“I had been through the music so many times, and those songs are sung by Val Kilmer. Or we would use Jim’s voice for a bar or two or something, then Val’s voice would come in. It was groundbreaking at that time.” — Oliver Stone 

For the role of Jim’s girlfriend Pam, Stone first considered Heather Graham, who auditioned several times with Kilmer. Ultimately, Meg Ryan was hired. She had already become a star in “Top Gun” and “When Harry Met Sally.” Stone says she basically, “[wanted] to let it go and be someone else. I want sex; rock ‘n’ roll, and I want to tear my hair out.”

Stone recalls how he and the producers wanted the blessing of the families before they began filming. Executive producer Bill Graham paved the way to get Morrison’s parents on board. He set up a meeting in San Diego with Jim’s father Admiral Morrison, who was head of the Pacific Fleet for the U.S. Navy during the Vietnam War. “In a strange way, I think he was proud of his son,” Graham told Stone. He also remembers how Graham felt Jim’s parents saw a piece of their son in the director.

The hardest approvals came from Pam’s parents, “who were scared the story would paint their daughter as a drug addict,” Stone says. Also The Doors organ/keyboarder Ray Manzarek, who, “felt the script was ugly and only brought out the dark side.” But eventually, Graham got his okay.

The five-concert scenes, which are spectacular using a cast of thousands, are the foundation of the film. Still today, people come up to Stone telling him how they were an extra in the film. His relationship with Kilmer was extremely tense and strained during production. “He was tired and he was working his ass off and he basically told me to go f**k myself,” after the cameras stopped rolling Stone says. Years later, they patched up their relationship and became close friends.

September 17, 1967 - The Doors arrive in New York City to play The Ed Sullivan TV Show on CBS. (2) An unnamed magazine photographer played by Mini Rogers makes the iconic "Young Lion" portraits of Jim Morrison. In reality, New York photographer Joel Brodsky made the photographs. (3) Kathleen Quinlan plays journalist Patricia Kennealy, who was one of Morrison's lovers. On the summer solstice of 1970, Jim and Patricia marry in a Celtic pagan handfasting ceremony.

When “The Doors” was released in March of 1991, its reception was surprisingly mixed from critics and moviegoers. Stone was shocked the film didn’t do better with the over-30 crowds. “Silence of the Lambs” was the box office winner that spring. 

Additional bonus features on the 4K disc include a new 15-minute interview with original sound editor Lon Bender, who details the process of upgrading the audio from a six-channel soundtrack to the enveloping Dolby Atmos environment. The 4K also includes two edits of “The Doors” with Stone’s “Final Cut” in which he shortens one scene reducing the overall length by two minutes, and the original Theatrical Cut, which includes his running commentary recorded years ago for the DVD 10thAnniversary two-disc set.


Stone supervised the new 4K restoration in concert with Studio Canal and Lionsgate. The original 35mm camera negative (2.39:1 aspect ratio) was first scanned stateside in 4K, while the color toning was handled at a specialized restoration lab in Italy.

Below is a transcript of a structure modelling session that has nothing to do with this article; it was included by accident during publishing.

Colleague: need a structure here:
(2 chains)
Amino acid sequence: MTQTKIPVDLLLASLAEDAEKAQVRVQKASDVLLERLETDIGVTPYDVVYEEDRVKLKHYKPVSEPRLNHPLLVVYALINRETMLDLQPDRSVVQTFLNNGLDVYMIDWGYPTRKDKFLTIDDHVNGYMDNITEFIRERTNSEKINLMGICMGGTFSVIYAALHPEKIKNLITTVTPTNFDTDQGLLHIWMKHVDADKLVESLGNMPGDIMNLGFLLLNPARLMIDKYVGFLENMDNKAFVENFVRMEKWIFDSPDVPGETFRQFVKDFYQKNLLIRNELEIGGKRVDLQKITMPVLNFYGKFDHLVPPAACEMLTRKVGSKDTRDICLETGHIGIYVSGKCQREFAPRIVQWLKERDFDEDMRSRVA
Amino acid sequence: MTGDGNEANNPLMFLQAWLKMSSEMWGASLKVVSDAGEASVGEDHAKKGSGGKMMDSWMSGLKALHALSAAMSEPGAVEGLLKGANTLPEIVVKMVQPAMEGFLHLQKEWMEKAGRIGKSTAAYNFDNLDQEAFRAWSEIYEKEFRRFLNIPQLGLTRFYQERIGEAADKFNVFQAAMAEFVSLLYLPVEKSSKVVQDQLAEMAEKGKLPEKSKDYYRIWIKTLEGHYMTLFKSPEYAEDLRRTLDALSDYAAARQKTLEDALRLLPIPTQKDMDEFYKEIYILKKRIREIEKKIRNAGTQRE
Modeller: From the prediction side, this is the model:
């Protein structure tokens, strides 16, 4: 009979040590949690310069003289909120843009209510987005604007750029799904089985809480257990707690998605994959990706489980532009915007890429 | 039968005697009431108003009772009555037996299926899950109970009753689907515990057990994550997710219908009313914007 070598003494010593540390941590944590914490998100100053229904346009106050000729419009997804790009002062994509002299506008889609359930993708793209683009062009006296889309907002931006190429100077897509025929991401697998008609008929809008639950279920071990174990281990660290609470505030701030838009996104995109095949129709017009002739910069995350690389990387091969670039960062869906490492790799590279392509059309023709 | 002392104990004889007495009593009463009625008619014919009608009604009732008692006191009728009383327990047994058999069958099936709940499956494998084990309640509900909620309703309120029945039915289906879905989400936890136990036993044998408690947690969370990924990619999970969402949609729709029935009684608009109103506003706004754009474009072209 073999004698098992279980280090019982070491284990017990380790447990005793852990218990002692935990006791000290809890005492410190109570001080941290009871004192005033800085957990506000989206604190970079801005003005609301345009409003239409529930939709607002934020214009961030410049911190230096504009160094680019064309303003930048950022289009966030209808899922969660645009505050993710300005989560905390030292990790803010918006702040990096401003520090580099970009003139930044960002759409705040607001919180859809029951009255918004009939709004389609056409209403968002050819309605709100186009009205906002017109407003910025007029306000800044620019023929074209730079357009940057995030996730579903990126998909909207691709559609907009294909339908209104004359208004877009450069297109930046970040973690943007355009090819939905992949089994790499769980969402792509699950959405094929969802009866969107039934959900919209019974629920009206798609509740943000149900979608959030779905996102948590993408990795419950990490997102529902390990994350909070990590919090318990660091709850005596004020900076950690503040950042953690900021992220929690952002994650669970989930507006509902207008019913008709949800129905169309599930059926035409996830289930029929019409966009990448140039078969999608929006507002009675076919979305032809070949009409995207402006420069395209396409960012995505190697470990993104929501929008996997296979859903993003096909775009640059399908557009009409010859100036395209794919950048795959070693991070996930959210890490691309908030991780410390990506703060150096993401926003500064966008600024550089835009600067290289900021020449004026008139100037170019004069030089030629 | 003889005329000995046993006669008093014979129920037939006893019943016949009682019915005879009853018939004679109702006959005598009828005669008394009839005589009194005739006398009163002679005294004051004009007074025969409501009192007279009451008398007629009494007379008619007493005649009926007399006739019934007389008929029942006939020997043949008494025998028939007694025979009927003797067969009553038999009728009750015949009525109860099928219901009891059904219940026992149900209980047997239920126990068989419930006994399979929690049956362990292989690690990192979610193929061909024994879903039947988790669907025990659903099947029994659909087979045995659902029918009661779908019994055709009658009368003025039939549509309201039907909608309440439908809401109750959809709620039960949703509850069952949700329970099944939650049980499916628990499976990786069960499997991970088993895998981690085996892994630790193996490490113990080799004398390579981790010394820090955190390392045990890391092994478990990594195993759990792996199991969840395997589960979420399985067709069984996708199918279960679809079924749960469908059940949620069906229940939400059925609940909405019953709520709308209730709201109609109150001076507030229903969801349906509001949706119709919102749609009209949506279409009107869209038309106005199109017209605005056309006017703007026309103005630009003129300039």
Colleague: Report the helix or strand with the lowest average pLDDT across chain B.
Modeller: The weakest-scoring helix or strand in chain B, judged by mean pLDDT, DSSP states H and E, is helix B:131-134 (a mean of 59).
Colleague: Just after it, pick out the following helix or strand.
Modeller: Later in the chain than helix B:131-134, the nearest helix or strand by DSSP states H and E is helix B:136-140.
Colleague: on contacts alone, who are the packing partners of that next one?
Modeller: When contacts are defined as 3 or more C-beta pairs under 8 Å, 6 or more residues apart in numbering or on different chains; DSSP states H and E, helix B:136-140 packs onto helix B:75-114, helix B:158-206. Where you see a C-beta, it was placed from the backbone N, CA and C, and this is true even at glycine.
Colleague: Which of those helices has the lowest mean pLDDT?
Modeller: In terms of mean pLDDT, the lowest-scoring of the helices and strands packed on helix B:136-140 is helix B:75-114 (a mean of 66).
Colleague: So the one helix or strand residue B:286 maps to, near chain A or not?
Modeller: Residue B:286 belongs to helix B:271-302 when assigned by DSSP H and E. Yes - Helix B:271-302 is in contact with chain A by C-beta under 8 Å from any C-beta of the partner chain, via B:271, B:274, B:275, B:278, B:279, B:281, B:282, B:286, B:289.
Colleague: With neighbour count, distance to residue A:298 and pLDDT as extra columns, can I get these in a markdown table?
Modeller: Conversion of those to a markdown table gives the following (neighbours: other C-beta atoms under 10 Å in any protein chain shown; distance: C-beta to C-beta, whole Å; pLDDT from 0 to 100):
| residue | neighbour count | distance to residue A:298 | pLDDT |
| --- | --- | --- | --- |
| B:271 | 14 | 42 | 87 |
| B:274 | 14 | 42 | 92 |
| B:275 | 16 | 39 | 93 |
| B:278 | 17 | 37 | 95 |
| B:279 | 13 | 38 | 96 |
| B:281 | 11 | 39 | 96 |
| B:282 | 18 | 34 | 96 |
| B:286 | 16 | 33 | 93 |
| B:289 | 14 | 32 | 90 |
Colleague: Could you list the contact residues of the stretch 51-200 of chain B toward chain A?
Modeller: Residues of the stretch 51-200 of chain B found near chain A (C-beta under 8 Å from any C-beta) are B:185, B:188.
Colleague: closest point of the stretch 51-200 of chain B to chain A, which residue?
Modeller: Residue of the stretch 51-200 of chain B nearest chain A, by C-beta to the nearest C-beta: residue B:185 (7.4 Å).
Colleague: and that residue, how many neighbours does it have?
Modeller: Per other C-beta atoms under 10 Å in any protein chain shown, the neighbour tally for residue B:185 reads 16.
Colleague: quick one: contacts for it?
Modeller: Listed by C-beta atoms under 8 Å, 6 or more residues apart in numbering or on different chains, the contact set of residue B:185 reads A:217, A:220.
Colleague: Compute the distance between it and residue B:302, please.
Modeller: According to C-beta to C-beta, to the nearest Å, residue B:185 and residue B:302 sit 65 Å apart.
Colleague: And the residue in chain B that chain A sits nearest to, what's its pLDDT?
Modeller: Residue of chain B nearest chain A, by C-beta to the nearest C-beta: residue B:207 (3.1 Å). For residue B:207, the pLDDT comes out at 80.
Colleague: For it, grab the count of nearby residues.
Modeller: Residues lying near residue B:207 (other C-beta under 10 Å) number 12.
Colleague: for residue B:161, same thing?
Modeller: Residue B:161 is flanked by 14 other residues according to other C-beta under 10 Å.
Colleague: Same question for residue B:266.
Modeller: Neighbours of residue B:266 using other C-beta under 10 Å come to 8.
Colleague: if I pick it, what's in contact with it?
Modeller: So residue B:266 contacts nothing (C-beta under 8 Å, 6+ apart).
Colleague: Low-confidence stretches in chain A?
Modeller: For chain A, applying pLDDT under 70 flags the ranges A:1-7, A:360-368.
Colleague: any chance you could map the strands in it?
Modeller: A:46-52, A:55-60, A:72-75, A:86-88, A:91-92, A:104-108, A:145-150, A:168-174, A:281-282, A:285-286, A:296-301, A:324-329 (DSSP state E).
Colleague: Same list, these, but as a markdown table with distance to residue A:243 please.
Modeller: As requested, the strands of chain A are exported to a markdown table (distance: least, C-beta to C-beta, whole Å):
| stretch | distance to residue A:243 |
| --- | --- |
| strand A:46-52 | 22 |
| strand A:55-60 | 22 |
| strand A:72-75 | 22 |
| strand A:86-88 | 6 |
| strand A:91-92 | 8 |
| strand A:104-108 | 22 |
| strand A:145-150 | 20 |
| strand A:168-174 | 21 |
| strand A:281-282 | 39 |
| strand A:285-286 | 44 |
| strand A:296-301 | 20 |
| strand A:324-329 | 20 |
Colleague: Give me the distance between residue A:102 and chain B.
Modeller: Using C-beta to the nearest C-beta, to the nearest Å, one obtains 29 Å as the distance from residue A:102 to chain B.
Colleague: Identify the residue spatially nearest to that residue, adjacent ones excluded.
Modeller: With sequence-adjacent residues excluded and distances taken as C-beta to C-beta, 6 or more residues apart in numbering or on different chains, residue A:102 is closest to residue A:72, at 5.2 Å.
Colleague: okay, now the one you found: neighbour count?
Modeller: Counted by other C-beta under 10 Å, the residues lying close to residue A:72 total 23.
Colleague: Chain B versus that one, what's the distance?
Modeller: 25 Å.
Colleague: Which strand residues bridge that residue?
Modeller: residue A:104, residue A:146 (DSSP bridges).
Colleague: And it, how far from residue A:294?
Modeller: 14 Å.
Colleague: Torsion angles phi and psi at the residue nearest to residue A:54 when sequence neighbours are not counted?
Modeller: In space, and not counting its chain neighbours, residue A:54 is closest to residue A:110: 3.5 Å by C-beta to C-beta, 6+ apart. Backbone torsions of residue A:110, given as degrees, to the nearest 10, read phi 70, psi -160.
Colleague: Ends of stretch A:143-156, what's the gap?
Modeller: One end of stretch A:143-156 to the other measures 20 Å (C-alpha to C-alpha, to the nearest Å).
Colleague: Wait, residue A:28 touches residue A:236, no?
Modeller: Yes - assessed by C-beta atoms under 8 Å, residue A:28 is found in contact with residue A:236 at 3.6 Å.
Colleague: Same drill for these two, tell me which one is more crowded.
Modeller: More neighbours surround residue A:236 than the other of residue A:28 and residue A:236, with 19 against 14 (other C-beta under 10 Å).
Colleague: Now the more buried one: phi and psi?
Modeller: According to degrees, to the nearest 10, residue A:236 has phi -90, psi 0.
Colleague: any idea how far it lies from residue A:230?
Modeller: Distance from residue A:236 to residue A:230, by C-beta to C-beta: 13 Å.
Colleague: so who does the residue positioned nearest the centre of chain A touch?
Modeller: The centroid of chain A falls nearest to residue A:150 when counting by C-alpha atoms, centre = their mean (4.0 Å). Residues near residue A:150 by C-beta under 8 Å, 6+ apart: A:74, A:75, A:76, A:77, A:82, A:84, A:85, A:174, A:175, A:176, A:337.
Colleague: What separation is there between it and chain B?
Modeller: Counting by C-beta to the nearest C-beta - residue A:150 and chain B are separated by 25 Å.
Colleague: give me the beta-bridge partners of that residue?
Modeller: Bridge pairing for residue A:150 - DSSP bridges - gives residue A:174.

The 4K (disc & streaming) is a major leap of onscreen resolution compared to the old and tired HD master. Wide shots get the biggest bump in clarity from foreground to distant objects, while natural film grain dances across the screen. Several composite shots reveal even larger film grain when applied. A number of Richardson’s close-ups are less dynamic with the added resolution, but the real difference comes from the HDR10 and Dolby Vision toning achieving intense, vibrant contrast levels – especially during the concert scenes with super-bright spotlights. The color palette becomes far more expansive, with varying shades of reds and orange dominating. 


The remastered eight-channel Dolby Atmos track is extremely active, with varying levels of music, vocals and ambient sound providing the overall soundstage a more inclusive experience. Bender used two duplicate masters to pull sounds into the spatial plane above normal ear height for the Atmos mix – especially during the concerts.

Finally restored to all its glory, “The Doors” is a blazing masterpiece from Oliver Stone’s ten-picture streak taking him from “Salvador” (1986) to “Nixon” (1995).

— Josh Boone, director/screenwriter, and Bill Kelley III, High-Def Watch, producer

Jim and Pam lived together at a home in the Laurel Canyon hills of Los Angeles.

December 9, 1967 - New Haven Conn. concert

Jim Morrison is arrested onstage during the New Haven concert. He was charged with "breach of peace, resisting arrest and indecent or immoral exhibition."

San Francisco concert 1968

March 1, 1969 - Coconut Grove concert

(1) A police officer tells Jim to stop smoking weed on the stage. (2) The concert was held at the 7,000 seat Dinner Key Auditorium, but reports estimate over 12,000 were in attendance and mayhem over takes the stage and crowd. (3) Jim Morrison was on trial at the Miami-Dade County courtroom, accused of lewd and lascivious behavior, drunkenness, profanity and indecent exposure.

Paris 1971

Saturday July 3, 1971 - Pam finds Jim dead in a bathtub at a Paris apartment.

Jim Morrison's grave site in Paris is one of the cities most famous.



1 comment

1 commentaire

Rob Newton
Rob Newton
06 mars 2021

Nice breakdown. But Val Kilmer was in “Real Genius,” not “Weird Science.”

bottom of page